As the title implies, this piece seeks to create a mosaic of sounds, laid into time. I had the idea of writing a work that explored the notion of interlocking “tiles” of rhythm and color, somewhat akin to the way African percussion music employs interlocking patterns. The piece is largely comprised of a small number of rhythmic cells of different lengths which fold over and interact with each other in continuously changing ways. All of these cells or patterns have a common feature in that they are all rhythmic palindromes–they produce they same rhythm whether played forward or backwards. This creates great ambiguity as to what meter is actually being articulated. Although the piece is notated wholly in 9/8, one can scarcely discern this meter until the final bars.
The pitch world of Chronomosaic is ordered around two tone rows comprised of six pitches, rather than the usual twelve. This 6-note collection is a “Z-related” set and I refer to the matrix array as my collection of “Z-rows” as shown below. At this point, I was still intrigued by 12-tone technique to a degree, but I wanted to apply it more flexibly, deploying less than the full chromatic collection at any given moment. I've used this material in several pieces.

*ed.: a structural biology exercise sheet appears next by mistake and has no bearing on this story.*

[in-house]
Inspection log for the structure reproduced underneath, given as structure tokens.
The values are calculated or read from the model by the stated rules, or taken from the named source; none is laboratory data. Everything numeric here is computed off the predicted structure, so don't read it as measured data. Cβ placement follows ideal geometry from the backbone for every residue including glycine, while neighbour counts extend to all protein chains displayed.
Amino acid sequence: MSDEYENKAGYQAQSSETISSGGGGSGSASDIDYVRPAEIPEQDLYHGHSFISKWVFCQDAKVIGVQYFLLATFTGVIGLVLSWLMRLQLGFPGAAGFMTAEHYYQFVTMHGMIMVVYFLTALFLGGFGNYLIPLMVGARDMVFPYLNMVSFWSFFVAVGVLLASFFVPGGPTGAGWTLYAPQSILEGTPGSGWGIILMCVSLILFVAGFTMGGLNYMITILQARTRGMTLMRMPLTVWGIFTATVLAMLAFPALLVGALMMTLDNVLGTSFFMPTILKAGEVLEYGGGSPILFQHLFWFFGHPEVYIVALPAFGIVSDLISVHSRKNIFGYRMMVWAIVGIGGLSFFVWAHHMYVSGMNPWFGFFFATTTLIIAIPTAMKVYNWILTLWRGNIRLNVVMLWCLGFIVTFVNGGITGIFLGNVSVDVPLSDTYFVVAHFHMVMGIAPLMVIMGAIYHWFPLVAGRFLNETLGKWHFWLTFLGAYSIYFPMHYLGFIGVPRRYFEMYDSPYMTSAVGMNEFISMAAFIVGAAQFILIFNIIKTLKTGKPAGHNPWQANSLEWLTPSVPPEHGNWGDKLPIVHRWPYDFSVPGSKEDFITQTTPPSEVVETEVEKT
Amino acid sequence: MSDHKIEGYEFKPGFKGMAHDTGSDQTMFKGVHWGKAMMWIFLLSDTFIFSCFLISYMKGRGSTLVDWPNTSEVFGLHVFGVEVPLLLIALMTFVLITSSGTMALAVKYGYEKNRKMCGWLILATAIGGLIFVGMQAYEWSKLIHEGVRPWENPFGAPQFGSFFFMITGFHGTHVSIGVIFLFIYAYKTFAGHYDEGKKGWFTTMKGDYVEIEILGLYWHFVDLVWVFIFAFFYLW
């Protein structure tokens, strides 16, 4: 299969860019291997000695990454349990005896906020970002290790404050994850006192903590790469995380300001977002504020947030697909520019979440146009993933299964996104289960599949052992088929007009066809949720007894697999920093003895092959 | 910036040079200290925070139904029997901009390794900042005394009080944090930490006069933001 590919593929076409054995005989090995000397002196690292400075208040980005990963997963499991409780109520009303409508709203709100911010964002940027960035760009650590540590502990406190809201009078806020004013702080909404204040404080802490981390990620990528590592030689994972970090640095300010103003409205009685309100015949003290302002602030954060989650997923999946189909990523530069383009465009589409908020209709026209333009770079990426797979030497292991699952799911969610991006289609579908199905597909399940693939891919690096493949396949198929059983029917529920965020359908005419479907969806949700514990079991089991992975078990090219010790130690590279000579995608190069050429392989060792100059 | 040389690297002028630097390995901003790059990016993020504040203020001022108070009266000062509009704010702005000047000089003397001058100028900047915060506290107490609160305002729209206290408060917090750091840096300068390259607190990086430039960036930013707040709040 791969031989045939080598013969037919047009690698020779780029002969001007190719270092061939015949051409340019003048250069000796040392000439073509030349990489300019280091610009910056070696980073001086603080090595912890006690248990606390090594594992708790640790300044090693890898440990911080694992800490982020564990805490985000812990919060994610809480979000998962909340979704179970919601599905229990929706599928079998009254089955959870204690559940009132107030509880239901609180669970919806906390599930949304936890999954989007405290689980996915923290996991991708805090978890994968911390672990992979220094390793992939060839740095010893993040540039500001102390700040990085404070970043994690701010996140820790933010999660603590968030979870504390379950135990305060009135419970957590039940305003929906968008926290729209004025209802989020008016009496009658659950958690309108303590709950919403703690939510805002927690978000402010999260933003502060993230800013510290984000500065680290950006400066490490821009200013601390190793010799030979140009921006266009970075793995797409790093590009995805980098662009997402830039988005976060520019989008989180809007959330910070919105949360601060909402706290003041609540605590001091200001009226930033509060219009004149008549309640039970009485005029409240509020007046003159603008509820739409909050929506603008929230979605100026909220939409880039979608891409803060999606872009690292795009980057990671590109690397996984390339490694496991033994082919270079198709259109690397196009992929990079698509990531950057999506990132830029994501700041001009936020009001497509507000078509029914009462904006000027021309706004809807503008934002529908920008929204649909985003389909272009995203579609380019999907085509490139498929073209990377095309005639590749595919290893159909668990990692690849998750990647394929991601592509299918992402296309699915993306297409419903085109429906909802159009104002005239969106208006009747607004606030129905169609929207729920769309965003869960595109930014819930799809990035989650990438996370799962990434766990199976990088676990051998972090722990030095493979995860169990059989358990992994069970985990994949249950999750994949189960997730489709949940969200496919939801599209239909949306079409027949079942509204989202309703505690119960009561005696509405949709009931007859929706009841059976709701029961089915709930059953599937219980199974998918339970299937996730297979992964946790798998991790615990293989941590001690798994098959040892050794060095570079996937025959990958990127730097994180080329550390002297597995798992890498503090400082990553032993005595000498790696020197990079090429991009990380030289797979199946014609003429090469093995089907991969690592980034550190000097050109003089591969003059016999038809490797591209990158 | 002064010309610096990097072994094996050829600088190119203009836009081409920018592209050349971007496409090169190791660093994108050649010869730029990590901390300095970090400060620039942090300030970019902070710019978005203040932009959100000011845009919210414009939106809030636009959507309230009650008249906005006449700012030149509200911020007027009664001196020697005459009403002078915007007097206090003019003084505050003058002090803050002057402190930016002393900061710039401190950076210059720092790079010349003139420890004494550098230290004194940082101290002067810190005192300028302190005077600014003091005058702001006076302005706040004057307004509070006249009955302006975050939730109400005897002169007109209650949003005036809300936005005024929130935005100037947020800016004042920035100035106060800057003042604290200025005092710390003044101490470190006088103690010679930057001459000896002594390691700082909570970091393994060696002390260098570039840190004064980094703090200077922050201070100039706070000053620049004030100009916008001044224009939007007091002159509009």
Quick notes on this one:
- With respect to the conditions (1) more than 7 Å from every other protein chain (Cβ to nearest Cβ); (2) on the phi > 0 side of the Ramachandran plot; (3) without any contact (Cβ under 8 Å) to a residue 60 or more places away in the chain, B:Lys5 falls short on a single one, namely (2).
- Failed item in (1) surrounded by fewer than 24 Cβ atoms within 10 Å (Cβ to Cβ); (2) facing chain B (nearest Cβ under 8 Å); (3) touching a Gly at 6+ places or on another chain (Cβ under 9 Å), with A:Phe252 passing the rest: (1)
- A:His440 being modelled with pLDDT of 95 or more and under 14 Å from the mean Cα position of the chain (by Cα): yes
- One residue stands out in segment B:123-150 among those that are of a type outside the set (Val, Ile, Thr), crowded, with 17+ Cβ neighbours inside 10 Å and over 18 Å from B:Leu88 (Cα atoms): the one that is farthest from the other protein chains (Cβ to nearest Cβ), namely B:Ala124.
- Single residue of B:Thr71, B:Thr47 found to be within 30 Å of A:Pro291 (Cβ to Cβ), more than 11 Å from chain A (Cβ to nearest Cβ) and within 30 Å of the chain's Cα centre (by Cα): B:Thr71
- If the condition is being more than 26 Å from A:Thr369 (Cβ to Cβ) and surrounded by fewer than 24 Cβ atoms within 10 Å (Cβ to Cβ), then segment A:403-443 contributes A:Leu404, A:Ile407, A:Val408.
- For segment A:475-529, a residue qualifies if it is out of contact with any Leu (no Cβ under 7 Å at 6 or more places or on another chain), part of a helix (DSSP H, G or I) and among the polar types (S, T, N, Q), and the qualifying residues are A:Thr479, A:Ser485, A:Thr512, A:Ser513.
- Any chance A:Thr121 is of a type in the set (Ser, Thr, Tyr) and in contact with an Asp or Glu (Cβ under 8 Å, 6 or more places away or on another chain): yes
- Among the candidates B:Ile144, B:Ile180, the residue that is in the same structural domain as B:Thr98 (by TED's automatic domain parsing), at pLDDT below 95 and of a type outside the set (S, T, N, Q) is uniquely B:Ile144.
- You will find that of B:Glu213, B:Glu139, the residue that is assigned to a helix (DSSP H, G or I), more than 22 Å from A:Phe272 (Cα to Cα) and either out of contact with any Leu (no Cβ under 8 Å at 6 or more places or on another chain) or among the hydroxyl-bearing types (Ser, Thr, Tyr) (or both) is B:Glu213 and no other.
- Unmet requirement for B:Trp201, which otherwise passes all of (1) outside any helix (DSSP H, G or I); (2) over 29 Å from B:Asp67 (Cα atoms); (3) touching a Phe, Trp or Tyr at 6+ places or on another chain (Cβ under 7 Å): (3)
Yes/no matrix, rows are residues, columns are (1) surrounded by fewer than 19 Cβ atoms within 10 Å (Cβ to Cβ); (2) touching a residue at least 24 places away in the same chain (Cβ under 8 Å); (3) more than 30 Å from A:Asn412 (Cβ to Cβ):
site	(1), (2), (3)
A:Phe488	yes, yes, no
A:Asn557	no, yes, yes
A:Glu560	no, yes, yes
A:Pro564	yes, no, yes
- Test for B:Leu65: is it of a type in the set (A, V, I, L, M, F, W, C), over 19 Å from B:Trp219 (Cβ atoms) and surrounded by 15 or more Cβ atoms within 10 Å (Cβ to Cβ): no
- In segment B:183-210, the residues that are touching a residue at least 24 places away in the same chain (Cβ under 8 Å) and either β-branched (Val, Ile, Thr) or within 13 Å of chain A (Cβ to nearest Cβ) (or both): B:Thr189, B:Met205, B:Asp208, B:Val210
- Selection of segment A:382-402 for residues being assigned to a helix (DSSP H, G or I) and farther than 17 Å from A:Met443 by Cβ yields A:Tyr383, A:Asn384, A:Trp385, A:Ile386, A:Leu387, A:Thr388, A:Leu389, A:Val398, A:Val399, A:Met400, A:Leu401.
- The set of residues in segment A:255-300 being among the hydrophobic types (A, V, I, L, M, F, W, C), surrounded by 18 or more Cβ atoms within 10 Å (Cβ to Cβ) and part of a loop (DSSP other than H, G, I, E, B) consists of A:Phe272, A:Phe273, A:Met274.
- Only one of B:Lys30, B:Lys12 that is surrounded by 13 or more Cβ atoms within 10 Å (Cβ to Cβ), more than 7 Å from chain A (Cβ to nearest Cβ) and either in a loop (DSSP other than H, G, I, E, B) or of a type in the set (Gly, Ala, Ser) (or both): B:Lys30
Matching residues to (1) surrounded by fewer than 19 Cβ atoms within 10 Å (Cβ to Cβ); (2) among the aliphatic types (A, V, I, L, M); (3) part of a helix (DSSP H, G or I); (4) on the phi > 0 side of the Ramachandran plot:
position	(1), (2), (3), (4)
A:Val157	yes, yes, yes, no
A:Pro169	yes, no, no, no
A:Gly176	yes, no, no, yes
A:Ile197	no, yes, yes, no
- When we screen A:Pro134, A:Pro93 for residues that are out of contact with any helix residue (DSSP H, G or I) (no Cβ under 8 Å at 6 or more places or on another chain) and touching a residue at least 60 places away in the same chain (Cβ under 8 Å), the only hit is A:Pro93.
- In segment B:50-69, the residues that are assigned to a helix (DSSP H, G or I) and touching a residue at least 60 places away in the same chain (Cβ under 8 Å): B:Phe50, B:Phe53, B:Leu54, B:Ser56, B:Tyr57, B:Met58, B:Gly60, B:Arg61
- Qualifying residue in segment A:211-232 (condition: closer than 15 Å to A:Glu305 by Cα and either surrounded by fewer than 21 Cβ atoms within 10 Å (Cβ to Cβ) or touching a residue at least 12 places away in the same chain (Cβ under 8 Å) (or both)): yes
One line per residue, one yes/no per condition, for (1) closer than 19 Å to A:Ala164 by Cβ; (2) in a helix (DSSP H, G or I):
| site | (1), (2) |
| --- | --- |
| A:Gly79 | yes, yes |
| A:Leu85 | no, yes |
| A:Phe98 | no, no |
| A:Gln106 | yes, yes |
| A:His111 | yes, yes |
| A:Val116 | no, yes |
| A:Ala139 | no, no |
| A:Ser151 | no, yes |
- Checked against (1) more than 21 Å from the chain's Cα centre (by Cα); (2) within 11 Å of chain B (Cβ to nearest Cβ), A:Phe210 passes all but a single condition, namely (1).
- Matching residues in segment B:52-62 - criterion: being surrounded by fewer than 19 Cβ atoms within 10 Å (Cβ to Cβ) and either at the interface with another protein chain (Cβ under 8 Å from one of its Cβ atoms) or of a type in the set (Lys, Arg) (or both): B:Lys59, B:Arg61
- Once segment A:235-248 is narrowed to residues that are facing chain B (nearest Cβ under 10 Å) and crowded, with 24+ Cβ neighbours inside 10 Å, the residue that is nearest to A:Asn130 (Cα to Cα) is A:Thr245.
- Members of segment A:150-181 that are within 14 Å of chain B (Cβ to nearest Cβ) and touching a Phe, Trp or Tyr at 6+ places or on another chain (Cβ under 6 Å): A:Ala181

Chronomosaic also reflects my ongoing interest in exploring Fibonacci and “Golden-Section” related ideas, especially with respect to the matter of proportion and how this affects a listener's perception of musical time. All structural downbeats and sectional boundaries were planned around this principle. While Chronomosaic is among the most rational and pre-composed of my works, this notion of controlled proportion has remained an important facet of my compositional aesthetic, even when I'm writing more intuitively.
None of these technical matters should overshadow the fact that Chronomosaic was conceived to be a “groove” piece, and hopefully can be enjoyed as such.
track released April 18, 2012
for five percussionists
Eastman Percussion Ensemble
John Beck, conductor